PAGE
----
WEDNESDAY, March 7 (HealthDay News) -- Suicides among U.S. soldiers rose 80 percent from 2004 to 2008, an Army study found.
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As many as 40 percent of these suicides may have been linked to combat experience in Iraq, yet nearly a third of the soldiers who committed suicide saw no combat at all, said the researchers, from the U.S. Army Public Health Command.
"Our study confirmed earlier studies by other military researchers that found increased risk of suicide among those who experience mental-health diagnoses associated with the stresses of war," said lead researcher Michelle Canham-Chervak, a senior epidemiologist with the command.
"This study suggests that an army engaged in prolonged combat operations is a population under stress, and that mental-health conditions and suicide can be expected to increase under these circumstances," Canham-Chervak said. "By establishing that soldiers who are diagnosed with a mental-health disorder or substance abuse are at greater risk of suicide, we then have a place to target our prevention strategies."
The report was published in the March 7 online edition of the journal Injury Prevention.
The findings are based on analysis of data from the U.S. Army Behavioral Health Integrated Data Environment, a registry containing information -- including consultations, diagnoses and treatment -- on suicides from many military sources.
This analysis found that the rates of suicide among Army personnel from 1977 to 2003 were mostly in keeping with trends in the general population, and were actually slightly lower than expected in that 27-year period, the researchers said.
In 2004, however, suicides started to increase. By 2008 they had risen by more than 80 percent, to a rate higher than in the civilian population.
In 2007 and 2008, 255 soldiers on active duty took their own lives, which is equivalent to a suicide rate of 20 per 100,000 people, compared with a rate of 12 per 100,000 among the general population, the researchers found.
Historical trends for military suicides, compared with 2008 rates, suggested that 39 percent of the suicides might be associated with service in Iraq, where the United States began military action in 2003, or Afghanistan, the researchers said.
Almost half (45 percent) of those who took their lives were between 18 and 24 years old. More than half (54 percent) were among low-ranking soldiers. And 69 percent had been in active combat, researchers said. Male soldiers were at higher risk.
The soldiers who committed suicide were more likely to have been diagnosed with a mental illness in the year before their suicide, the researchers found.
Suicide rates among those hospitalized for mental-health problems were more than 15 times higher than among those who weren't hospitalized. For soldiers who had outpatient consultations for mental problems, the suicide rate was almost four times higher.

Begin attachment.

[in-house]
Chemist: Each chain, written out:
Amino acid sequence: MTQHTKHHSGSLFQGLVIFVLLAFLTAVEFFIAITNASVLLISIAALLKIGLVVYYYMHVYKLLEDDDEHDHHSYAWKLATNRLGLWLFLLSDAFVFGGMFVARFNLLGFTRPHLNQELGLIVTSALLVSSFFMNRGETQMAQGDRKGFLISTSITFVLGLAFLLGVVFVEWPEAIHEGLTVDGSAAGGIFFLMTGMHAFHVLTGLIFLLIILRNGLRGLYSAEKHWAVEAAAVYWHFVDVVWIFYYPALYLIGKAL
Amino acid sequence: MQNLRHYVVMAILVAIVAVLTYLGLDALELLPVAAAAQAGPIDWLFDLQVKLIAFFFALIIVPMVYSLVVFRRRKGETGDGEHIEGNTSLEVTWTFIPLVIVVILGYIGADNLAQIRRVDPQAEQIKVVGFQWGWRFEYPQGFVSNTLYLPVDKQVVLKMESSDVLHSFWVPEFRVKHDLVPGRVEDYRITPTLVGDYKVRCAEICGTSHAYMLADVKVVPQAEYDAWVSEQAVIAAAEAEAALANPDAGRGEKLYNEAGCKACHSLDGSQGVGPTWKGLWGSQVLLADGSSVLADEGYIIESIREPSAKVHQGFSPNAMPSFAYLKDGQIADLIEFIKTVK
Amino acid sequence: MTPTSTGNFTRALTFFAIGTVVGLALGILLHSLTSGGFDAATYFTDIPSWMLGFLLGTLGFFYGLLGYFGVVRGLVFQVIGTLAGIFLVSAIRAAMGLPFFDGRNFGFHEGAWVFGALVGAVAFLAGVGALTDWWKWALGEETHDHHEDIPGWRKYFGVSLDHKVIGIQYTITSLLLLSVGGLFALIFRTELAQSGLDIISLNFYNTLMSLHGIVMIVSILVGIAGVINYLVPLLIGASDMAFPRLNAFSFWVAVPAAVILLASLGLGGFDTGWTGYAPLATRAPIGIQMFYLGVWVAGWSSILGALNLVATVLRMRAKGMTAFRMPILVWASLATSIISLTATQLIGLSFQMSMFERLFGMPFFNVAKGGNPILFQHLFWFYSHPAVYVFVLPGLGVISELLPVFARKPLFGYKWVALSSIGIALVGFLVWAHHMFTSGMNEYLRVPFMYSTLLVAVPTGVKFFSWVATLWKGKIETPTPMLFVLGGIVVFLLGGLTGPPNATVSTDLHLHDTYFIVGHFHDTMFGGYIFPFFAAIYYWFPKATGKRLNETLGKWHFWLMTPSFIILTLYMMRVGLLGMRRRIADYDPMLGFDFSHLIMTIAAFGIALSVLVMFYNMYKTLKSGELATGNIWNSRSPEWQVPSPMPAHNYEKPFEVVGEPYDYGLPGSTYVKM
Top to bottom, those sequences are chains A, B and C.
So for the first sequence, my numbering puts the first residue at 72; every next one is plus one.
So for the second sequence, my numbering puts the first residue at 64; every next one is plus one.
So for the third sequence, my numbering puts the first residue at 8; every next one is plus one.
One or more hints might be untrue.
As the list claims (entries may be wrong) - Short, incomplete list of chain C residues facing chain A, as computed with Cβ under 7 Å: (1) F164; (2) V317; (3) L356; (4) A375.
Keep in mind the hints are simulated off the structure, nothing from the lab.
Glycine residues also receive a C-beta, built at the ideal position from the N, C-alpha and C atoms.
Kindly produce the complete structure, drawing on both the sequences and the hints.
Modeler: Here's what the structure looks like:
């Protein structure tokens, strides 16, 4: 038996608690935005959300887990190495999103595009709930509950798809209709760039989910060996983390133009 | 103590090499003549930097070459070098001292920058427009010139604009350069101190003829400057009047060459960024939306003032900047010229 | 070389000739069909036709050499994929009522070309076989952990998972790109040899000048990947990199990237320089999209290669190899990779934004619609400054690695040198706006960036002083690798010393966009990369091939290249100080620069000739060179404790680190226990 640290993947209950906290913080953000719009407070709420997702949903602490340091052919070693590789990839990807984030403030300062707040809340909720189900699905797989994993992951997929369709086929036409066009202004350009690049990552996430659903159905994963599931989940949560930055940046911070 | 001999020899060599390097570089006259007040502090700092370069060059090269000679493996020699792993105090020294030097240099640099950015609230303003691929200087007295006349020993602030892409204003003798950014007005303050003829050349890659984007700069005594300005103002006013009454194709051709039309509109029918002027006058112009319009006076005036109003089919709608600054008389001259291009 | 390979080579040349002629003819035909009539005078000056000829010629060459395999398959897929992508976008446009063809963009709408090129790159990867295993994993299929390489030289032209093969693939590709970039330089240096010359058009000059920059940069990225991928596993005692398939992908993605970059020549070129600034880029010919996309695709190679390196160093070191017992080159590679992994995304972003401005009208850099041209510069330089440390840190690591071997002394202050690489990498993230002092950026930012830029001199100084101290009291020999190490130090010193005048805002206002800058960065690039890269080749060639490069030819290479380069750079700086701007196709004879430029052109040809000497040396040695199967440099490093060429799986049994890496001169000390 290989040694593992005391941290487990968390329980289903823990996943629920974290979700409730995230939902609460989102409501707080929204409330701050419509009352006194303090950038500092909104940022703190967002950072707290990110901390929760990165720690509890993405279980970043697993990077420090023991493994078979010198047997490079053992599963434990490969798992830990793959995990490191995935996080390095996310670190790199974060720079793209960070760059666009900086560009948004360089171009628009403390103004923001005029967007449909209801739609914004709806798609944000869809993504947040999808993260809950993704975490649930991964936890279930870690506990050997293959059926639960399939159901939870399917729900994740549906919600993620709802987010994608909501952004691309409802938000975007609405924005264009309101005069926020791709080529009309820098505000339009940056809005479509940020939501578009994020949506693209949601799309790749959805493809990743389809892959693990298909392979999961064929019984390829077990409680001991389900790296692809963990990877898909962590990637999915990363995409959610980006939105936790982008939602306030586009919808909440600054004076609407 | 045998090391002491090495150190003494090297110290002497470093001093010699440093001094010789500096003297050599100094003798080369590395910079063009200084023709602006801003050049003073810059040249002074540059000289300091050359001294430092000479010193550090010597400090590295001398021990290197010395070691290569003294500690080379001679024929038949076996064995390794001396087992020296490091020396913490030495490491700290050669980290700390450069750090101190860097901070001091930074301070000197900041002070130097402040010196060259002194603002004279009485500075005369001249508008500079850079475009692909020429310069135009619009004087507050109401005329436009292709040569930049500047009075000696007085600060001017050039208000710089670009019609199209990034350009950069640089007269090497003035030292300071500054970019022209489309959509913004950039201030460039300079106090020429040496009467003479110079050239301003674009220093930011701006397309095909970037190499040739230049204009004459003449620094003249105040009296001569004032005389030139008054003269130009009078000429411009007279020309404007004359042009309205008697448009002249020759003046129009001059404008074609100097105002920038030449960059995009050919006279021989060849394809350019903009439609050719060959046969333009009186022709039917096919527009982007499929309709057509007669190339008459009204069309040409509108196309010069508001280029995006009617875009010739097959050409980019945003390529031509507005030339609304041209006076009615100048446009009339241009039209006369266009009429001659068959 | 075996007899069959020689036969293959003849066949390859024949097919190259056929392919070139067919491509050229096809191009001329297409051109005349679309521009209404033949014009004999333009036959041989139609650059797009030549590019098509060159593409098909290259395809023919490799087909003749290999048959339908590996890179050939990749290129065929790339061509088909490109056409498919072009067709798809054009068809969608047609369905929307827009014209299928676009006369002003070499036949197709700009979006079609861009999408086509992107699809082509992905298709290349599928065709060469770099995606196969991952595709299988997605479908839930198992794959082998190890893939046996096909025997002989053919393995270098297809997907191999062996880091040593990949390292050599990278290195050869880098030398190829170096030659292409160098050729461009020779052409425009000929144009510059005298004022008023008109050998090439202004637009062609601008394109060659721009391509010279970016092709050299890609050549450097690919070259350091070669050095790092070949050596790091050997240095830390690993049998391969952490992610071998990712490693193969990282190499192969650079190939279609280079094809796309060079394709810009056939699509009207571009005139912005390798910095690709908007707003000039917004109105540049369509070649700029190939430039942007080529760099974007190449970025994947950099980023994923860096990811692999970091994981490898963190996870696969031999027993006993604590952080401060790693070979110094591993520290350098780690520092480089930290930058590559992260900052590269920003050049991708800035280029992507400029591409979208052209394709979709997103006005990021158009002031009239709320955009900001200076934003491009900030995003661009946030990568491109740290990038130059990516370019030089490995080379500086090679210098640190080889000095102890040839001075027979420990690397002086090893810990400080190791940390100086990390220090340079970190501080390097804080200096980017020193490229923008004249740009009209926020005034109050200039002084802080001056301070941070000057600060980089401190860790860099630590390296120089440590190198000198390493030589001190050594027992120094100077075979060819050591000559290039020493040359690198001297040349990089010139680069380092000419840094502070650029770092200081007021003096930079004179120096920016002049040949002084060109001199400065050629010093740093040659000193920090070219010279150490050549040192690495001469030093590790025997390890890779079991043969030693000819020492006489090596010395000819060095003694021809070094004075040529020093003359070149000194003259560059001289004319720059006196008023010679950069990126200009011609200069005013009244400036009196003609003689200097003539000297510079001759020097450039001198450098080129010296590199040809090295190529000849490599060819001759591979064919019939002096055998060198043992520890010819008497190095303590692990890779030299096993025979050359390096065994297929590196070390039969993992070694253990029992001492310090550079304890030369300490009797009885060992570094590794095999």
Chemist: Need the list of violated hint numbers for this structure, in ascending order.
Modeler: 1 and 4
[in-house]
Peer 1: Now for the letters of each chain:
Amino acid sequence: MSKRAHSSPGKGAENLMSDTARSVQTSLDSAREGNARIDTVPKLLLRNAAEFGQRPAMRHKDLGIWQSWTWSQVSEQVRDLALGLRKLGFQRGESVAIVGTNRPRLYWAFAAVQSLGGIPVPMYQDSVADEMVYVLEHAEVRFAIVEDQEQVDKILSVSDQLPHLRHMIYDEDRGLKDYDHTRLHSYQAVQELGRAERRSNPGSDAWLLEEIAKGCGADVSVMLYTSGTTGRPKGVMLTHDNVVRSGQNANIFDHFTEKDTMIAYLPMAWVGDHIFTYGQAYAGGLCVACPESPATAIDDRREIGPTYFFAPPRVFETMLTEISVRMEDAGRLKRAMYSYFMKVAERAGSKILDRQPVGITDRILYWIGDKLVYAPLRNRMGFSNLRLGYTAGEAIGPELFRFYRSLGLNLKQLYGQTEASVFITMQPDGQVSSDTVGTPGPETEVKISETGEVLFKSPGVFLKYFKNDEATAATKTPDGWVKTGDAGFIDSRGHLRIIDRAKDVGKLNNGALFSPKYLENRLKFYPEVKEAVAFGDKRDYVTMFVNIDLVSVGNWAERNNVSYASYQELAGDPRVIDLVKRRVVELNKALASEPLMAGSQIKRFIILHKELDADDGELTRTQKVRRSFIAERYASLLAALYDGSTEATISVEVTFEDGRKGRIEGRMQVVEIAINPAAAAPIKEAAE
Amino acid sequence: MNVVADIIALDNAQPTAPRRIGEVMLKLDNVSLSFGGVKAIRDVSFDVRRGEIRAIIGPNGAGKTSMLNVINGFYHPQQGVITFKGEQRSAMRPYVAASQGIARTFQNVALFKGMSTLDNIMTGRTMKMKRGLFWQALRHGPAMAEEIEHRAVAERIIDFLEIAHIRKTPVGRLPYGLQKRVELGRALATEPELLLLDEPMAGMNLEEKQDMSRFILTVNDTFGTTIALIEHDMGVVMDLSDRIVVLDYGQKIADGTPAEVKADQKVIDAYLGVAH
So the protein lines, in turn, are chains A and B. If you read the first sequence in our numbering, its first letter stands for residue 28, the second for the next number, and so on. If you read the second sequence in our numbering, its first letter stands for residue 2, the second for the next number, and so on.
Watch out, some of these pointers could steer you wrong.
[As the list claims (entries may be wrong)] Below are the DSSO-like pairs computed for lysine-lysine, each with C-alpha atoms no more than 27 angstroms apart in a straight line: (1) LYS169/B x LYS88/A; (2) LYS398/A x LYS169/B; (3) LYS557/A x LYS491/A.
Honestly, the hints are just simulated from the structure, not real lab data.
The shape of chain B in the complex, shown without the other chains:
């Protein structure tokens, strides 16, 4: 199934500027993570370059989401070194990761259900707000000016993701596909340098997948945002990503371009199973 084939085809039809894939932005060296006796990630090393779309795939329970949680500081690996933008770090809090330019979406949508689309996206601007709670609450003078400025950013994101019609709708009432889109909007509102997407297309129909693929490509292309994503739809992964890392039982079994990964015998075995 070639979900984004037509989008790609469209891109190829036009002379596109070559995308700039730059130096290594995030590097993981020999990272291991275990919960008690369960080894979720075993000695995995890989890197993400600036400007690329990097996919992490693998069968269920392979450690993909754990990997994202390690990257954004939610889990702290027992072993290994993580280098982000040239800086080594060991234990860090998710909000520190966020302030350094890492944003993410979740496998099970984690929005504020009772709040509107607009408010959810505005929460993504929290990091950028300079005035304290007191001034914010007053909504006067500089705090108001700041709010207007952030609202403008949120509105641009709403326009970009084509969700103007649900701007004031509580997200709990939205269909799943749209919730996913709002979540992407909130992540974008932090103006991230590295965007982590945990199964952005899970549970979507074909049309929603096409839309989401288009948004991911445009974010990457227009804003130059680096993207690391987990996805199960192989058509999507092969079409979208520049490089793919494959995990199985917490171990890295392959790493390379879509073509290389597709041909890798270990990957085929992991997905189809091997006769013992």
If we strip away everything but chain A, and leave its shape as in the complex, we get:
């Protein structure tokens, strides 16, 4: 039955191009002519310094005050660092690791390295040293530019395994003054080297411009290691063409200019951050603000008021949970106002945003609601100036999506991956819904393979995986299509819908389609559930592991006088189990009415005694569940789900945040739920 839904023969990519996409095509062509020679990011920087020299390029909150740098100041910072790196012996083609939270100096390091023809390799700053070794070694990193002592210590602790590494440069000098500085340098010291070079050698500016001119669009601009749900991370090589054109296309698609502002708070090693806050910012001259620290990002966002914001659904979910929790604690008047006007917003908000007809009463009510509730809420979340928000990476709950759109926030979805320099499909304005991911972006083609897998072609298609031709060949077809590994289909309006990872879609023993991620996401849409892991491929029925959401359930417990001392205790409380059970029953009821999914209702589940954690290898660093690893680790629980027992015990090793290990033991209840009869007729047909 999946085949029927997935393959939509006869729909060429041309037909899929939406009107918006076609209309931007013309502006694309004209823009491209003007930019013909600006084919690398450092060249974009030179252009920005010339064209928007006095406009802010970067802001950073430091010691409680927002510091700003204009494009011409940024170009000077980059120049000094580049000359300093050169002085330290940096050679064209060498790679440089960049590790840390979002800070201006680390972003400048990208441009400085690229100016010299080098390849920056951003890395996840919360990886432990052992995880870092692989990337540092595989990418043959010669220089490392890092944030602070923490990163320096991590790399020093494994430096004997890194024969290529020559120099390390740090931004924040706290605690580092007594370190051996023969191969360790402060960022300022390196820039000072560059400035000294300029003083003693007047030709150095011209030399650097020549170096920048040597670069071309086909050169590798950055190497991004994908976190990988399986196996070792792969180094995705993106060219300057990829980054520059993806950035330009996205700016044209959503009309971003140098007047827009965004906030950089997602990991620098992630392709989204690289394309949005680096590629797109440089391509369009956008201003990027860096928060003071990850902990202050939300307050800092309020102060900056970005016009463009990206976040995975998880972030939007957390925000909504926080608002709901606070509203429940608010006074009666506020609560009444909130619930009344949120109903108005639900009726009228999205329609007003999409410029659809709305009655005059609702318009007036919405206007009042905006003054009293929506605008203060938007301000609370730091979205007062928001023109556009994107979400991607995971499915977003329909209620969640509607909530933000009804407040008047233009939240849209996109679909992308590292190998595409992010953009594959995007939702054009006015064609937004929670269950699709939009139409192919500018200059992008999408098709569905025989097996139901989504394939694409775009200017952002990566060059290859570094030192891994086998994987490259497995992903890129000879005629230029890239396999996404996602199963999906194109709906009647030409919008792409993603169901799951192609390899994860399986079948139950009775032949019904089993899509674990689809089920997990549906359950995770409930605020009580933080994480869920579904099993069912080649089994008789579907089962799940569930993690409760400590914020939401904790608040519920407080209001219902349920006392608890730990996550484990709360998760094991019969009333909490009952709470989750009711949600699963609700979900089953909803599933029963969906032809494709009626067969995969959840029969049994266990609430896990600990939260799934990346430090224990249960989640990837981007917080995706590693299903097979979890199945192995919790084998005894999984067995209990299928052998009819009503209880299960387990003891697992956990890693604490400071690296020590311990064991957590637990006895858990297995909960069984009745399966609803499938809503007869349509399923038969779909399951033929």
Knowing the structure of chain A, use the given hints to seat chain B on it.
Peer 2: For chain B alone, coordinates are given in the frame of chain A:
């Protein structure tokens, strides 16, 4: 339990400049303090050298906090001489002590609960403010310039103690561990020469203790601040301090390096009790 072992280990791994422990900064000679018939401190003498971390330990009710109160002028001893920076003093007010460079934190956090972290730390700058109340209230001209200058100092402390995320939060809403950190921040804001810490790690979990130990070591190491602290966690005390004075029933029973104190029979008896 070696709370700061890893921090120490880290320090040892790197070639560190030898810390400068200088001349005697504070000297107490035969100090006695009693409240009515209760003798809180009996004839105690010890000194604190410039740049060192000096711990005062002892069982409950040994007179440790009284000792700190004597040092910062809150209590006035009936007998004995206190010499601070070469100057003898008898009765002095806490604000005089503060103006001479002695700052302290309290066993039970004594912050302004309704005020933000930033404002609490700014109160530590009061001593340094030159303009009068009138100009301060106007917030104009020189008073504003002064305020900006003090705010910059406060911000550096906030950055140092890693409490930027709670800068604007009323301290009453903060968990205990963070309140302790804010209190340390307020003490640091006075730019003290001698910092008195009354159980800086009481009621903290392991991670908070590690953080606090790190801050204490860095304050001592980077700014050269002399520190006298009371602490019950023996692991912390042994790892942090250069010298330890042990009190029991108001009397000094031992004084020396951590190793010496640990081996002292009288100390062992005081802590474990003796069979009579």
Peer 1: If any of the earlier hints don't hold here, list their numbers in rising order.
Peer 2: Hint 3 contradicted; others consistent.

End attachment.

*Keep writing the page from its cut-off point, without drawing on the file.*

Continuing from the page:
The increase in the suicide rate appears related to increased rates of depression, anxiety, post-traumatic stress disorder, substance abuse, personality and adjustment disorders, and serious mental illness, the researchers said. Those with severe depression were more than 11 times more likely to take their lives, and those with anxiety disorders were 10 times more likely to do so, the researchers found.
"A troubling finding was that over 25 percent of the soldiers who committed suicide carried a primary diagnosis of an adjustment disorder," said Simon Rego, supervising psychologist at Montefiore Medical Center in New York City. "Adjustment disorder" is a catchall term for emotional problems resulting from being in a stressful environment, such as combat.
"[Adjustment disorder] is generally used as a short-term diagnosis and/or when a more precise diagnosis has not been identified," Rego said. "[It] is especially prevalent among military trainees."
Researchers also found that 31 percent of suicides were committed by soldiers who had never deployed, which implies that mental problems and stress other than combat exposure may contribute to suicide risk in this population, Rego said.
"While suicide remains a relatively rare event, the results of this study suggest it is increasing at an unprecedented rate and, unlike any other time in history, U.S. military suicide rates now appear to have surpassed those among comparable civilian populations," he said. "It is therefore critical that we address this emerging public-health problem by focusing our efforts on studies like this one, which allow us to identify any and all risk factors for suicide, in order to improve our prevention efforts."
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SOURCES: Michelle Chervak, Ph.D., M.P.H., senior epidemiologist, U.S. Army Public Health Command; Simon Rego, Psy.D., supervising psychologist, Montefiore Medical Center, New York City; March 8, 2012, Injury Prevention